Michael

JamesL
May 29th, 2005, 04:44 PM
If a writer cannot handle criticism, they should should not write. Simple as that. As a writer you will get criticism, and some of it will be bad; that is natural. You just have to take it on the chin and try to use it to your advantage. Of course it is difficult to do this when someone unhelpfully simply says your story "sux" for no apparent reason, and the best course of action is to ignore this sort of remark. David Gemmell once received a book review of one of his novels that read "The only thing I liked about this book (Lord of the Rings rip-off with no characterization) was the butch chick on the cover." What did Gemmell do? He took it on the chin and shrugged it off. He even took some satisfaction from the fact that the reviewer was a failed writer.

For other kinds of negative criticism, you just have to grin and bear it. It is important to remember that negative criticism doesn't make you a bad writer. It should be used to make your story better.

Personally when I receive negative feedback, I try to analyze it and use it to improve my story. Of course it can hurt, but that's a good thing; it shows I care about my stories and want people to like them. And in writing you have to care, otherwise you shouldn't be doing it. :)

JRMurdock
May 29th, 2005, 04:56 PM
"If a writer cannot handle criticism, they should should not write."

I disagree. If a writer cannot handle criticism, they should not submit. The only way they'll get the feedback is to submit it (either to an agent, publisher, ask for an opinion, etc). If they submit it and cannot handle it, they should not do that again. Either that, or toughen up.

I'm not arrogant. I'm not cocky. But I enjoy writing and most of the time I feel I do a good job of it. I've spent a great deal of time learning. That's the key to writing. Learn all you can and practice, practice, practice.

J.R.

milady
May 29th, 2005, 10:06 PM
If a writer cannot handle criticism, they should should not write. Simple as that. As a writer you will get criticism, and some of it will be bad; that is natural. You just have to take it on the chin and try to use it to your advantage. Of course it is difficult to do this when someone unhelpfully simply says your story "sux" for no apparent reason, and the best course of action is to ignore this sort of remark. David Gemmell once received a book review of one of his novels that read "The only thing I liked about this book (Lord of the Rings rip-off with no characterization) was the butch chick on the cover." What did Gemmell do? He took it on the chin and shrugged it off. He even took some satisfaction from the fact that the reviewer was a failed writer.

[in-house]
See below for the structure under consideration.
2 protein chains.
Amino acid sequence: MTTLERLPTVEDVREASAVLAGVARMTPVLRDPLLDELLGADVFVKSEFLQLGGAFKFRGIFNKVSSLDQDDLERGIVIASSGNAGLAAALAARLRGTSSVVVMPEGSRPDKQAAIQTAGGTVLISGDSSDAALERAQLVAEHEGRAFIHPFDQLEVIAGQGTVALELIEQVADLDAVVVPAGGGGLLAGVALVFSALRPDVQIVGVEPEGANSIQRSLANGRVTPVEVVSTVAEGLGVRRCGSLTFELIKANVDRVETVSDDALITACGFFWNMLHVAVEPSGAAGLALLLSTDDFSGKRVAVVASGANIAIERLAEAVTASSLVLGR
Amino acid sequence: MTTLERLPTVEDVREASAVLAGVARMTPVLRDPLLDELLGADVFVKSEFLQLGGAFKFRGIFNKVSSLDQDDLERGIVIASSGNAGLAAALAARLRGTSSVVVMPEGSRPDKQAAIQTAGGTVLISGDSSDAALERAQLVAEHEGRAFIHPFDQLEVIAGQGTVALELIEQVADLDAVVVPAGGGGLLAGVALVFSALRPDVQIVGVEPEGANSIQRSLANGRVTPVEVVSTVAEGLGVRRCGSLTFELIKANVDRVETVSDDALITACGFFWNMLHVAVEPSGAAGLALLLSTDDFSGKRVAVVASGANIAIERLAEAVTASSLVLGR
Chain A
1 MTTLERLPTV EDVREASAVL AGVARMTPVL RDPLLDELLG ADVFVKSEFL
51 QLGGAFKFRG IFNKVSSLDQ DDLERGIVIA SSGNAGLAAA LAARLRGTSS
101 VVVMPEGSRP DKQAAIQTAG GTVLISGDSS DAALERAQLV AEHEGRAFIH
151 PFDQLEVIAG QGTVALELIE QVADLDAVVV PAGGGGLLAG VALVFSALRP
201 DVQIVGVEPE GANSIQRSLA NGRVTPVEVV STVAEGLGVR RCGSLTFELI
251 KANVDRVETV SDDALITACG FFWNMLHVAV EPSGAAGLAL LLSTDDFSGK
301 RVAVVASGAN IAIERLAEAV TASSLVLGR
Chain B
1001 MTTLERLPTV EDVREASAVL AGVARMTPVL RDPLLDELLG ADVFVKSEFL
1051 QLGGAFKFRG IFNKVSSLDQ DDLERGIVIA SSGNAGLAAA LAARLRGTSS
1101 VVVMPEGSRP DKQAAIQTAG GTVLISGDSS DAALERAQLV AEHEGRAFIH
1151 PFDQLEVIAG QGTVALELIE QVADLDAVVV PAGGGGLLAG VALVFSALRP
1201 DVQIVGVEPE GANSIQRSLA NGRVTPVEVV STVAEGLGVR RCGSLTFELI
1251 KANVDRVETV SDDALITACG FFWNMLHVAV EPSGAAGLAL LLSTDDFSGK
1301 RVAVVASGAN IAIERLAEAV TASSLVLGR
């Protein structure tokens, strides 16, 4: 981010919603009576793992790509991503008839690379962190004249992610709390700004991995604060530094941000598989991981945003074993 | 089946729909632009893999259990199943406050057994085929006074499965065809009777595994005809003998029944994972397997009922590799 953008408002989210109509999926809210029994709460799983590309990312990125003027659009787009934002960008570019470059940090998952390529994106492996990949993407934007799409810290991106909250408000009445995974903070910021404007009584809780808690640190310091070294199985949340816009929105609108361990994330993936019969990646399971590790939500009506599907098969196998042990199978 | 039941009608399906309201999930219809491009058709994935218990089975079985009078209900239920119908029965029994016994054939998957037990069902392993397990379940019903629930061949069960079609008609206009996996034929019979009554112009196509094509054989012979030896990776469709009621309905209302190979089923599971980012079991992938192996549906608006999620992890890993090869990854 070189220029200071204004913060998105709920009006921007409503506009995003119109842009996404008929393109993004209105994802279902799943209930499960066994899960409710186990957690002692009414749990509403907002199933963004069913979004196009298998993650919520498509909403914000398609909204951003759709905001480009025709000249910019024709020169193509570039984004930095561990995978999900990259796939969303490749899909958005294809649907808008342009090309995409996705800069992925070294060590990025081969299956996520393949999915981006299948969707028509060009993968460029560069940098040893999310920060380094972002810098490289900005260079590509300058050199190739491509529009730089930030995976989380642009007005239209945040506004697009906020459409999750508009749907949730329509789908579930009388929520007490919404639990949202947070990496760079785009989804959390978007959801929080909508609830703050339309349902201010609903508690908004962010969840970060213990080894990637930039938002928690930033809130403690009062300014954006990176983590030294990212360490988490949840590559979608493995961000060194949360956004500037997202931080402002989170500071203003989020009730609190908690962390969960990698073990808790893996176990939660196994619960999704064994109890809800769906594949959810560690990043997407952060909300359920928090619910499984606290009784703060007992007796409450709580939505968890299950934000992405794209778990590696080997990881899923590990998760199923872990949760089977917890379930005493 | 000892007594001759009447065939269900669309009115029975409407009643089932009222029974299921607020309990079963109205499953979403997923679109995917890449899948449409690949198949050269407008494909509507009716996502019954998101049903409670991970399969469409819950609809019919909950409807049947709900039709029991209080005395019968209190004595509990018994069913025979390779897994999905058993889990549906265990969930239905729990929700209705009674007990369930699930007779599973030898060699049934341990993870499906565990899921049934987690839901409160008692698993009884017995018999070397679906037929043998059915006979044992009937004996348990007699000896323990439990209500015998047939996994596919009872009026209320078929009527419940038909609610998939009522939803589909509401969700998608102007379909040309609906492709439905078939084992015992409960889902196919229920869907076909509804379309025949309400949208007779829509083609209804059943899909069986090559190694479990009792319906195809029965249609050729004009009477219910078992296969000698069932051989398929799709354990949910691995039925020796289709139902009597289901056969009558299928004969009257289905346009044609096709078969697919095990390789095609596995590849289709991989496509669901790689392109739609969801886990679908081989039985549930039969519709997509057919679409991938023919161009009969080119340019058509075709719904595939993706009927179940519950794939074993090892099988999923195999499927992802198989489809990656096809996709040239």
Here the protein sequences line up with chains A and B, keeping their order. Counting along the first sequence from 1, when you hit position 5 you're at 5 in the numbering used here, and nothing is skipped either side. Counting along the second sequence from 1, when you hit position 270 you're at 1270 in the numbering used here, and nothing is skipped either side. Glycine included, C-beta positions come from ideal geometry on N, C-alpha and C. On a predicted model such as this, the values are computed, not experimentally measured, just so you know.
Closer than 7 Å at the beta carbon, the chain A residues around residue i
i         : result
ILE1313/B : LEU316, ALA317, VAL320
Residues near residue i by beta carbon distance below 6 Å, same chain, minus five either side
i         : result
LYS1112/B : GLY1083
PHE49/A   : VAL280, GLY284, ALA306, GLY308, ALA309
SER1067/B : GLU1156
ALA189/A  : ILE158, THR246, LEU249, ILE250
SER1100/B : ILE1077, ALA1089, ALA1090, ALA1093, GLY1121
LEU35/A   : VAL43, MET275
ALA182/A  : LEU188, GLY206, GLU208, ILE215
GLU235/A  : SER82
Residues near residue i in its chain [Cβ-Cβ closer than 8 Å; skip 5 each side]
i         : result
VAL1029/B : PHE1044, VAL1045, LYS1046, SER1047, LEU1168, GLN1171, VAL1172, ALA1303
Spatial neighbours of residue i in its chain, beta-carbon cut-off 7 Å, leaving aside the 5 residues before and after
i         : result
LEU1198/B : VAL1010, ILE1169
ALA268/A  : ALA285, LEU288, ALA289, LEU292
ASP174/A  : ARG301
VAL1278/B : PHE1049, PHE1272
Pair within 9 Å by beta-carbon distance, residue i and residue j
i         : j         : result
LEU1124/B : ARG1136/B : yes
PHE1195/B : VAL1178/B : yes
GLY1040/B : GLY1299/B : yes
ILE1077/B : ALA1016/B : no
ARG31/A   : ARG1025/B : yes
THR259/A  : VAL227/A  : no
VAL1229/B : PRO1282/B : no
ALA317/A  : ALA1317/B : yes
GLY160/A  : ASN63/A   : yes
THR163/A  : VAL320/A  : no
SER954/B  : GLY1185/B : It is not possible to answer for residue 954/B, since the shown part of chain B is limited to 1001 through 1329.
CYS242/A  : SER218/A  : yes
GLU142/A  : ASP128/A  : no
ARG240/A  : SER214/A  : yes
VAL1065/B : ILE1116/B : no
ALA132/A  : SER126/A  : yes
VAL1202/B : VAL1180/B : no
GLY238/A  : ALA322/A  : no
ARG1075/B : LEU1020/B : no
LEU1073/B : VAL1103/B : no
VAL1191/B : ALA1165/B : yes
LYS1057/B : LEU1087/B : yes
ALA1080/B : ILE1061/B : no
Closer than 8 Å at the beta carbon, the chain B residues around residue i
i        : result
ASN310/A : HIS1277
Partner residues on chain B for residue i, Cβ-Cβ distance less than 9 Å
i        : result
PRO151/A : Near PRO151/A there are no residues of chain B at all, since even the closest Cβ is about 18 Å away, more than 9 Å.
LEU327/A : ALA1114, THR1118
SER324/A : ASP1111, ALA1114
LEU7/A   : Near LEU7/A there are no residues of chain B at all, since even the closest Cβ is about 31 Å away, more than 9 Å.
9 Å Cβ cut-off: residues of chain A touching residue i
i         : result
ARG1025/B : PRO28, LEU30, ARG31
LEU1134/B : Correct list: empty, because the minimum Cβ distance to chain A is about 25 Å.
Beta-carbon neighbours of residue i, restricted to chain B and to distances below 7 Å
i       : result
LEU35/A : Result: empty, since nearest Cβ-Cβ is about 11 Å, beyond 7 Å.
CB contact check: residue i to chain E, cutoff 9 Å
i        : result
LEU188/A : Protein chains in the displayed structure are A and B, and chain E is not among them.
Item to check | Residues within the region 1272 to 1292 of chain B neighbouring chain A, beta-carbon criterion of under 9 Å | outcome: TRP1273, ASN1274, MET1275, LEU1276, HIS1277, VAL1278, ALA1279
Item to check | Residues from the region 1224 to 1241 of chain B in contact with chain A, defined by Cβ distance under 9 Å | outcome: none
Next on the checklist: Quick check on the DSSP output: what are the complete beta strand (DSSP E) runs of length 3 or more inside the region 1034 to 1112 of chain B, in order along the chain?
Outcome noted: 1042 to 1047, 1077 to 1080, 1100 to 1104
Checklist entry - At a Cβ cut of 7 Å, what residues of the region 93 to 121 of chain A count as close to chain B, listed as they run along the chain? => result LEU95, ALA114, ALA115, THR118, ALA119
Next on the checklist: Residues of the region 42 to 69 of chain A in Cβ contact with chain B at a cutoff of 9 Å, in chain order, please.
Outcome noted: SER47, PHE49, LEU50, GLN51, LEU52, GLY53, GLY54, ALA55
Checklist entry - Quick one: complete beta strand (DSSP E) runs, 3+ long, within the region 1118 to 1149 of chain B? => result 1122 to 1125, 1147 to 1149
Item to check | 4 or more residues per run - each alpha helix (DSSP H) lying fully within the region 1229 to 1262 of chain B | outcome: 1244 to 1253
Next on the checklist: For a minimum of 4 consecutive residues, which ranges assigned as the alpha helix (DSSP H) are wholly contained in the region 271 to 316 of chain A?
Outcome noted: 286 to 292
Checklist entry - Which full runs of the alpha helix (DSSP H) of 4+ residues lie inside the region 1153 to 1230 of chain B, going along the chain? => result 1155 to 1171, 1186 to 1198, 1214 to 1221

For other kinds of negative criticism, you just have to grin and bear it. It is important to remember that negative criticism doesn't make you a bad writer. It should be used to make your story better.

Personally when I receive negative feedback, I try to analyze it and use it to improve my story. Of course it can hurt, but that's a good thing; it shows I care about my stories and want people to like them. And in writing you have to care, otherwise you shouldn't be doing it. :)
I agree, if you cannot accept criticism you're never going to learn, you're never going to improve. If you can't admit that your work has problems, you'll never be able to see them to fix them.

But negative criticism which isn't constructive is useless. You don't know whether the problem is in style, plot, character, or if the critic simply doesn't like it for some personal reason (ie. it's a romance, and they can't stand romances).

TheEarCollector
May 29th, 2005, 11:40 PM
I am really harsh with some of my criticisms, but I try not to be mean, and I expect the same from others... My feelings aren't hurt if an inconsistency is pointed out, I am not going to sit and argue about why I am right because if the reader doesn't know something then I didn't make it clear as the writer. As long as they have reasons to back things up, there is no reason to feel bad, because everyone can improve upon things.

That being said, whenever someone says something like, "I think it's stupid," or just, "I didn't like it," it makes me incredibly angry because they have just wasted my time. Way to go, you didn't like it, but instead of telling me why you didn't like it you opted just to say that it was stupid. It doesn't even hurt my feelings about my own personal work, it just angers me that some people are so closed minded that if it isn't what they expected, it has to be wrong.

The only things I see as "negative" are when someone tells you that it was bad, stupid, or anything else along those lines, just because they personally didn't find it appealing. It stings for a second, then their lack of insight just makes me angry.